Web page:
It is the assertion of this self-granted right that has earned America the distrust of so many countries around the world—and dooms its attempts to bring North Korea to heel.

It must be said, there is a place that Bush and, yes, John Bolton and their regime-change policies are revered: North Korea.

Read this fascinating and moving post on interviews with North Korean refugees and their feelings about Chinese, South Koreans, Americans, and neo-cons.

(Among the émigrés) Every student genuinely admires George W. Bush firstly for his "axis of evil" comment, more recently for his comments describing Kim Jong-il as "dangerous" and the mention of concentration camps and for his vision of democracy. … To North Koreans human rights is the issue of most importance to them: more than the nuclear issue and even the removal of the present regime. Their belief is that Bush, Rice and "the guy with the white moustache" [Brendan says this is a reference to John Bolton] are the only ones who are doing anything about human rights.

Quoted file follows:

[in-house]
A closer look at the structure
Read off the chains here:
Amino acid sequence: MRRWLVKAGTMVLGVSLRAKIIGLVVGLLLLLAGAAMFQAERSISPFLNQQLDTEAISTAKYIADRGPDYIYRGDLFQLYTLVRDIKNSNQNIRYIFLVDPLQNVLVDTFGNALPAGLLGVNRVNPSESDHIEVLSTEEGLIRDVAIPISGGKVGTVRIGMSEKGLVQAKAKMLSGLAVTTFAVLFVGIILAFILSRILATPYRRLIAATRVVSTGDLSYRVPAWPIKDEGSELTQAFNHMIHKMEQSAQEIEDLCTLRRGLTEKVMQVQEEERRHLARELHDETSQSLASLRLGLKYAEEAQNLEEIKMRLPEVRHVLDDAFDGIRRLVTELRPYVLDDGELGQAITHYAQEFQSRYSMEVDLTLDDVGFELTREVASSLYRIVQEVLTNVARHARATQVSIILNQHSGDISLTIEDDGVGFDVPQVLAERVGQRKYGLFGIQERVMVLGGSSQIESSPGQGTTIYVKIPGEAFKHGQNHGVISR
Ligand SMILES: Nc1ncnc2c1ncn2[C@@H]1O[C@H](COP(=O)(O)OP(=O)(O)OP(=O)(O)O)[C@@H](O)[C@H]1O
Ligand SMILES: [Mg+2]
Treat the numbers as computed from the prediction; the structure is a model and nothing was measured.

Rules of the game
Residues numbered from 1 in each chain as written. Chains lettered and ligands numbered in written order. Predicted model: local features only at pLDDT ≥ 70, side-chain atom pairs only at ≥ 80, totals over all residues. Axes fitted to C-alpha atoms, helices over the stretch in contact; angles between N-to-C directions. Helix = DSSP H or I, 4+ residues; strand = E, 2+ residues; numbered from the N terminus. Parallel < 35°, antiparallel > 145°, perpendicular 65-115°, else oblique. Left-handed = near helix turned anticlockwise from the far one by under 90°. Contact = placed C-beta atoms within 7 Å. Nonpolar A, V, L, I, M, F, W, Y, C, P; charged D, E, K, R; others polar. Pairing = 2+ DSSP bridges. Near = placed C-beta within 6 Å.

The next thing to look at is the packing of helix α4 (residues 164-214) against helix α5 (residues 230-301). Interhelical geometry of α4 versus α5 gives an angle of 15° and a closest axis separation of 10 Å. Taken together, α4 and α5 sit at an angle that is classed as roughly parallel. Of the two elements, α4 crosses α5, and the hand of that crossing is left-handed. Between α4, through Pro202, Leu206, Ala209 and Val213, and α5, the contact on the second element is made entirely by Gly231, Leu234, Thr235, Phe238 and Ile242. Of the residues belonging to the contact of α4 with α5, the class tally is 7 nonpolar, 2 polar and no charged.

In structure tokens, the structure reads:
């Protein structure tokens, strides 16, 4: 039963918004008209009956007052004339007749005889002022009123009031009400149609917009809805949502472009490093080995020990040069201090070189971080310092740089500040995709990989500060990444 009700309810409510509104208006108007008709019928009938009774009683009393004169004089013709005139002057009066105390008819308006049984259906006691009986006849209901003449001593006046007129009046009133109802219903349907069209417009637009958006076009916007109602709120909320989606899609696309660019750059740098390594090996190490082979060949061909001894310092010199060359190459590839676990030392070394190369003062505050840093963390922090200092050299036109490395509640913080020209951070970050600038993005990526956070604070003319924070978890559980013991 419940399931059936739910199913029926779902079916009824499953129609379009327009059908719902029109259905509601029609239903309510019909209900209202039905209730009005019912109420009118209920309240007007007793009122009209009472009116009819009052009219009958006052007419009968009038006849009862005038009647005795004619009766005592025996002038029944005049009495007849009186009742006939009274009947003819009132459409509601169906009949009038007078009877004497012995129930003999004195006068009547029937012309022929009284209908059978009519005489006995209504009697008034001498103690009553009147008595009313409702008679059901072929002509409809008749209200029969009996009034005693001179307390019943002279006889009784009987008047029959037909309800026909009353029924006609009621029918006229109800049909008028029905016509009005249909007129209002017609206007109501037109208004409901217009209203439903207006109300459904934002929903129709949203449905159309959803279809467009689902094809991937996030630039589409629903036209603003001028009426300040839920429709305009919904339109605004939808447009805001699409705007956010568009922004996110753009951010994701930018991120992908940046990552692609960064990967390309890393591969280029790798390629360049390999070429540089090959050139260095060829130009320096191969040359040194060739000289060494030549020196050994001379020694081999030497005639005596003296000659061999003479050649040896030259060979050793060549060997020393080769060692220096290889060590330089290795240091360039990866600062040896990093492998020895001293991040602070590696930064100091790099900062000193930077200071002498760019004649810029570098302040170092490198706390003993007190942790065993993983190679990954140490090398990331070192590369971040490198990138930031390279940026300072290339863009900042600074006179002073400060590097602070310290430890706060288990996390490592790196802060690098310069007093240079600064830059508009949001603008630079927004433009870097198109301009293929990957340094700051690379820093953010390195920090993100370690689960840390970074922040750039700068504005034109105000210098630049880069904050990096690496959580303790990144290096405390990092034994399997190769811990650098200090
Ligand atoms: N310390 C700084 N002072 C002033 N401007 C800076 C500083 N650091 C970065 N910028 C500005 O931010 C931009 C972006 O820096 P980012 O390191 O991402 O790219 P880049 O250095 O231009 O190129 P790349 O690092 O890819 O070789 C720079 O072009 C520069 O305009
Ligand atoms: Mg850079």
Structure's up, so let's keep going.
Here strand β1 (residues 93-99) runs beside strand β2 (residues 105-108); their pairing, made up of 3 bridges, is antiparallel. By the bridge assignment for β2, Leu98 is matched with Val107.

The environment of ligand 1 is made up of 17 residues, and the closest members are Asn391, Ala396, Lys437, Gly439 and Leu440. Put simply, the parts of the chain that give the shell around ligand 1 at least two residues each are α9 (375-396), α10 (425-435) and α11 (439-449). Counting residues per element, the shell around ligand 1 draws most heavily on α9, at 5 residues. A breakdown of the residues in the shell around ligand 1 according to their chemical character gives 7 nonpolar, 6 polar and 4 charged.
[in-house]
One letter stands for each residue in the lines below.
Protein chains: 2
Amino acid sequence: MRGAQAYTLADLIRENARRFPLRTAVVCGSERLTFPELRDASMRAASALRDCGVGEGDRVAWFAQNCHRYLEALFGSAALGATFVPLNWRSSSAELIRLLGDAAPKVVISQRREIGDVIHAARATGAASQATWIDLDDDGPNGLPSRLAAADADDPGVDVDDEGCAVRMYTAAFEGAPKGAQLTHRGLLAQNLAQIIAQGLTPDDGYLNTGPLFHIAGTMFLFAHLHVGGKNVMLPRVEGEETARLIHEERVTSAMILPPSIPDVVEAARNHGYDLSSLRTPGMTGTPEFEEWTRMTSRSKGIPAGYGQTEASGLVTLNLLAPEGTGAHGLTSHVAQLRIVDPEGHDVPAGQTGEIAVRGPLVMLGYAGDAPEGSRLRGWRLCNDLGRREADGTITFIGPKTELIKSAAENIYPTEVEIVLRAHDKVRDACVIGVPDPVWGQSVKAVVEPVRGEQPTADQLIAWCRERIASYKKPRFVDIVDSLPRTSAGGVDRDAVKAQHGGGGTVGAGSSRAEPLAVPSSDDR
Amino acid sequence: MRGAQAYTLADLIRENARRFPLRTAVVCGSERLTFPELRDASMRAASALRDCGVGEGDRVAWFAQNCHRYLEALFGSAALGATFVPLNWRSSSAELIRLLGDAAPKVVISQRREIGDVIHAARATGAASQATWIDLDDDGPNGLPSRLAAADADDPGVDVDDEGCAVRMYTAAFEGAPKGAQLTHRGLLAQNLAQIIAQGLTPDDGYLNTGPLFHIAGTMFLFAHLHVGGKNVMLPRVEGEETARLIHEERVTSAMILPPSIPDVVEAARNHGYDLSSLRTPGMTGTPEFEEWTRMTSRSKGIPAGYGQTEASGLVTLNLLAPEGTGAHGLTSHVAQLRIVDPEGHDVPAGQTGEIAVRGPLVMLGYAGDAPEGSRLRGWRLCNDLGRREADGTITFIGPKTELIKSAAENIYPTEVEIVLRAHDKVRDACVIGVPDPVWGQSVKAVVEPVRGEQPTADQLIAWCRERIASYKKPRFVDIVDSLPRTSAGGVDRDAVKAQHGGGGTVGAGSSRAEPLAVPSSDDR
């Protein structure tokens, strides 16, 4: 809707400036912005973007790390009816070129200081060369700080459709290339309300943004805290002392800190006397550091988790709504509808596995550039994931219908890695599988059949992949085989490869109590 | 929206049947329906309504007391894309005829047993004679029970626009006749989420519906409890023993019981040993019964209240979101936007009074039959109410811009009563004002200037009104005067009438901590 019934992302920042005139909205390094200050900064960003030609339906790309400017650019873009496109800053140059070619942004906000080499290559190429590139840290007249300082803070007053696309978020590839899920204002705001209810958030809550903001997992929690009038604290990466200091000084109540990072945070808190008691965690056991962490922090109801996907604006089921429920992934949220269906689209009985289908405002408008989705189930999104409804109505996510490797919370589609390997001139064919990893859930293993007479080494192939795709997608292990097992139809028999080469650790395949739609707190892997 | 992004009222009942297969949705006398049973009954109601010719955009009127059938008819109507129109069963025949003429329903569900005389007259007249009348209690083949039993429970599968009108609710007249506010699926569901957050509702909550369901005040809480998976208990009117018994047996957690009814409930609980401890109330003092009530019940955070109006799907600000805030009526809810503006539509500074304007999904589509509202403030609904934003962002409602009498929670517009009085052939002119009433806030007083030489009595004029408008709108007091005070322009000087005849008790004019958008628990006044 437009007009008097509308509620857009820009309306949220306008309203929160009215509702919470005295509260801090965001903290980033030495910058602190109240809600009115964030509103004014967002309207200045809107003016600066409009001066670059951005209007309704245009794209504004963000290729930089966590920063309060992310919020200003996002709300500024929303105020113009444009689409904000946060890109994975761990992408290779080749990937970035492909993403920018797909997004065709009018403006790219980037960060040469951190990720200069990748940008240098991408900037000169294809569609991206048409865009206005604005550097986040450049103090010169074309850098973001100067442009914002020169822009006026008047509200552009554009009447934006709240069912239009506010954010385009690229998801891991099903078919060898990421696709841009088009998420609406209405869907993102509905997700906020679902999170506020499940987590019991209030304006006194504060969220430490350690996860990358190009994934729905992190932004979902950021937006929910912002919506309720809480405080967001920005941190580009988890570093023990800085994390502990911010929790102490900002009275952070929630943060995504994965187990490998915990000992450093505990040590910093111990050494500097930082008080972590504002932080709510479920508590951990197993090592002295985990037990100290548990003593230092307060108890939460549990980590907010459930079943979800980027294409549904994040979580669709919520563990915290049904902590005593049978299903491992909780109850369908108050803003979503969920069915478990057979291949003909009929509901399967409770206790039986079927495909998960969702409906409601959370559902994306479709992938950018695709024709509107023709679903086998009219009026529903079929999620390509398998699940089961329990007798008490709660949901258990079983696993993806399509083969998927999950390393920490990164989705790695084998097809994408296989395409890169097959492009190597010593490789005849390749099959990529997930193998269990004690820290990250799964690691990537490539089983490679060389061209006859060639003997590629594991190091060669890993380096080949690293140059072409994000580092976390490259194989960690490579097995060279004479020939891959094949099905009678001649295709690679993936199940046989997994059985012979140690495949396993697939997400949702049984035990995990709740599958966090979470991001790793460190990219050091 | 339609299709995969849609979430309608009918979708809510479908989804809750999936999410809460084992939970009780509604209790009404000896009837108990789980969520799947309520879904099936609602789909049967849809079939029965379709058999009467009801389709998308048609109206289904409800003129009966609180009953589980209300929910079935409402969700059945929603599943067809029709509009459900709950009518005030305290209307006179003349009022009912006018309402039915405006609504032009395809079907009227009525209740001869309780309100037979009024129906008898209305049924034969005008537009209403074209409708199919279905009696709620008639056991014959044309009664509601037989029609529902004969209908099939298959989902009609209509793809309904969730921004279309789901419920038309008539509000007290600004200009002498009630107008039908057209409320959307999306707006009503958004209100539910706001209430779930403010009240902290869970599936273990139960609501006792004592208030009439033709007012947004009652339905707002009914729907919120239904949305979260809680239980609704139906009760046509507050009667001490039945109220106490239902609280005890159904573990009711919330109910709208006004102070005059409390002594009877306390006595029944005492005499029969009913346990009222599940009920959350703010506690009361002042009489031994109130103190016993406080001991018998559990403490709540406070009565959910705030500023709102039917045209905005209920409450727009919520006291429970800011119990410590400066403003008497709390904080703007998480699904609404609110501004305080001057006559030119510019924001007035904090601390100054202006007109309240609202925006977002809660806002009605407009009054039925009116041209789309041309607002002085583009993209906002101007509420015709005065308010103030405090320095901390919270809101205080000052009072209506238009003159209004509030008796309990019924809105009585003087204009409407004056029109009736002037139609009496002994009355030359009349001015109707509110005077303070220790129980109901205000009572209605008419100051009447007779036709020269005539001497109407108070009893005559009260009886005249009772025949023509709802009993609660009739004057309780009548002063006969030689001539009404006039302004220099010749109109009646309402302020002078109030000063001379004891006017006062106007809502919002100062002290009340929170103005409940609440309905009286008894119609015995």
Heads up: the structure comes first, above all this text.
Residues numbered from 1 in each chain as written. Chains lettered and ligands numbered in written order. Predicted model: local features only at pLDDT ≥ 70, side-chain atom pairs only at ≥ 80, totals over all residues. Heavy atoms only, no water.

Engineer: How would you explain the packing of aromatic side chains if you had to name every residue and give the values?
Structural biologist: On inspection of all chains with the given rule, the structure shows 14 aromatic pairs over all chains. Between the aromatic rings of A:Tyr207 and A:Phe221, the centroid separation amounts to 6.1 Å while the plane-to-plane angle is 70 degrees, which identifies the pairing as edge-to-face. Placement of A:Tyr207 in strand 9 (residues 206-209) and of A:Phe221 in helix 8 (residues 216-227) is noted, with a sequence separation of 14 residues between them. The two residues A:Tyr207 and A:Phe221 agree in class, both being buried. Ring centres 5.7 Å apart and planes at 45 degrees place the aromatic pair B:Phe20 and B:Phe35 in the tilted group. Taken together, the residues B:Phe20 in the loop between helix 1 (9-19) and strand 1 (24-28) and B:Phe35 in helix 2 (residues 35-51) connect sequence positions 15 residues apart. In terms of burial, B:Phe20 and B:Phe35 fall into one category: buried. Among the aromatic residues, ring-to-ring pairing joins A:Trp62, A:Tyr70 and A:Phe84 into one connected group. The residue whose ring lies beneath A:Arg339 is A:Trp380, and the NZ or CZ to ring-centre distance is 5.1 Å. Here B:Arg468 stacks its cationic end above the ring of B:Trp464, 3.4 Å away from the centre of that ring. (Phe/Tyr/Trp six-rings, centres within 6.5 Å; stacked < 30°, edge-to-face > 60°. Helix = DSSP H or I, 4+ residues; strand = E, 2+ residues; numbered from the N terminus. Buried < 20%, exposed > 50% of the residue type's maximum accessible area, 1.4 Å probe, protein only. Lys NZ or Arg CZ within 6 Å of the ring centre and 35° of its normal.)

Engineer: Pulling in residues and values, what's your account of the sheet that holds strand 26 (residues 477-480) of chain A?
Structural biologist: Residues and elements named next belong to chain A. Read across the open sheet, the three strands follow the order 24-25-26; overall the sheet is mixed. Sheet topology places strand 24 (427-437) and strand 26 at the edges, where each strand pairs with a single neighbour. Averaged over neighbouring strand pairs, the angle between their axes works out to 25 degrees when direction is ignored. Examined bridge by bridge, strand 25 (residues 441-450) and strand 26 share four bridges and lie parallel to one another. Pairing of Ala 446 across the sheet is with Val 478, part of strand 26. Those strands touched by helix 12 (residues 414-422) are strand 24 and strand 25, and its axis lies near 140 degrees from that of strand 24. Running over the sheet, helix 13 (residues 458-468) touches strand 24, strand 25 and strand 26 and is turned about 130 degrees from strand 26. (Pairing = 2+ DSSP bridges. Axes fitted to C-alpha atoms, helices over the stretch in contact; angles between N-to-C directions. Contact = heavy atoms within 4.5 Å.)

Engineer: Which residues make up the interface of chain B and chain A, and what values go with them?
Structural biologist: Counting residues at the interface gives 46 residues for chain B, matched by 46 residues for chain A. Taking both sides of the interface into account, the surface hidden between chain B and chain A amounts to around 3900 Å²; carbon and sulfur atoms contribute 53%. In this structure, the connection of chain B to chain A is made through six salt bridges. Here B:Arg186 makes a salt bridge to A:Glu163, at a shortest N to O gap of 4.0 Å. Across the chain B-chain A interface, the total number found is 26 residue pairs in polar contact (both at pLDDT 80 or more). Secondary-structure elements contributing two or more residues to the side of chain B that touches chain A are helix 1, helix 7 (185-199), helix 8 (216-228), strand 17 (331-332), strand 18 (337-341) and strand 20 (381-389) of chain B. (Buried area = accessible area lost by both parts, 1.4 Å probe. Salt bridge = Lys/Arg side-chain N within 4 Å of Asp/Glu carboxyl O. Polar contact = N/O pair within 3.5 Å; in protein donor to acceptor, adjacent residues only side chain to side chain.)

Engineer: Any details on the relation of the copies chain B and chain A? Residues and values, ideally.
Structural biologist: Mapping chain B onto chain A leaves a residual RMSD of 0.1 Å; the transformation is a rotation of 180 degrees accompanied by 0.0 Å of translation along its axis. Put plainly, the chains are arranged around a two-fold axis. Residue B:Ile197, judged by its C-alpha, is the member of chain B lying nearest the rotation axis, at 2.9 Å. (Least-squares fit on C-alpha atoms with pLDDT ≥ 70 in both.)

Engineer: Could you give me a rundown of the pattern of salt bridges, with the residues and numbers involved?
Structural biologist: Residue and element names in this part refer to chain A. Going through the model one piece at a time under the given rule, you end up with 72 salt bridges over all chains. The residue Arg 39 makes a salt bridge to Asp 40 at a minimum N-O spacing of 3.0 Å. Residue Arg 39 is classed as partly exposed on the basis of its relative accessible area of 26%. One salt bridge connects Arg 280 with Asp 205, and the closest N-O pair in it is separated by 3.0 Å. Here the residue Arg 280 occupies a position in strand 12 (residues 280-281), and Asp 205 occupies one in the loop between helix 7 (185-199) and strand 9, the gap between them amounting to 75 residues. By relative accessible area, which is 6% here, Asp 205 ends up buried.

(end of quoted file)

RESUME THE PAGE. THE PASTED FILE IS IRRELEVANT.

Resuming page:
But the disaster in Iraq should teach us that we can’t let our actions be guided by catering solely to the hopes and aspirations of émigrés, no matter how noble. We can’t blithely assume that pursuit of wrong-headed and counter-productive policies in the name of lofty aims will be without unacceptable collateral damage.

Accelerating the collapse of states we deem “failed” is a recipe for Armageddon, not nirvana.

To paraphrase the famous Vietnam era saying, We can’t destroy the world in order to save it.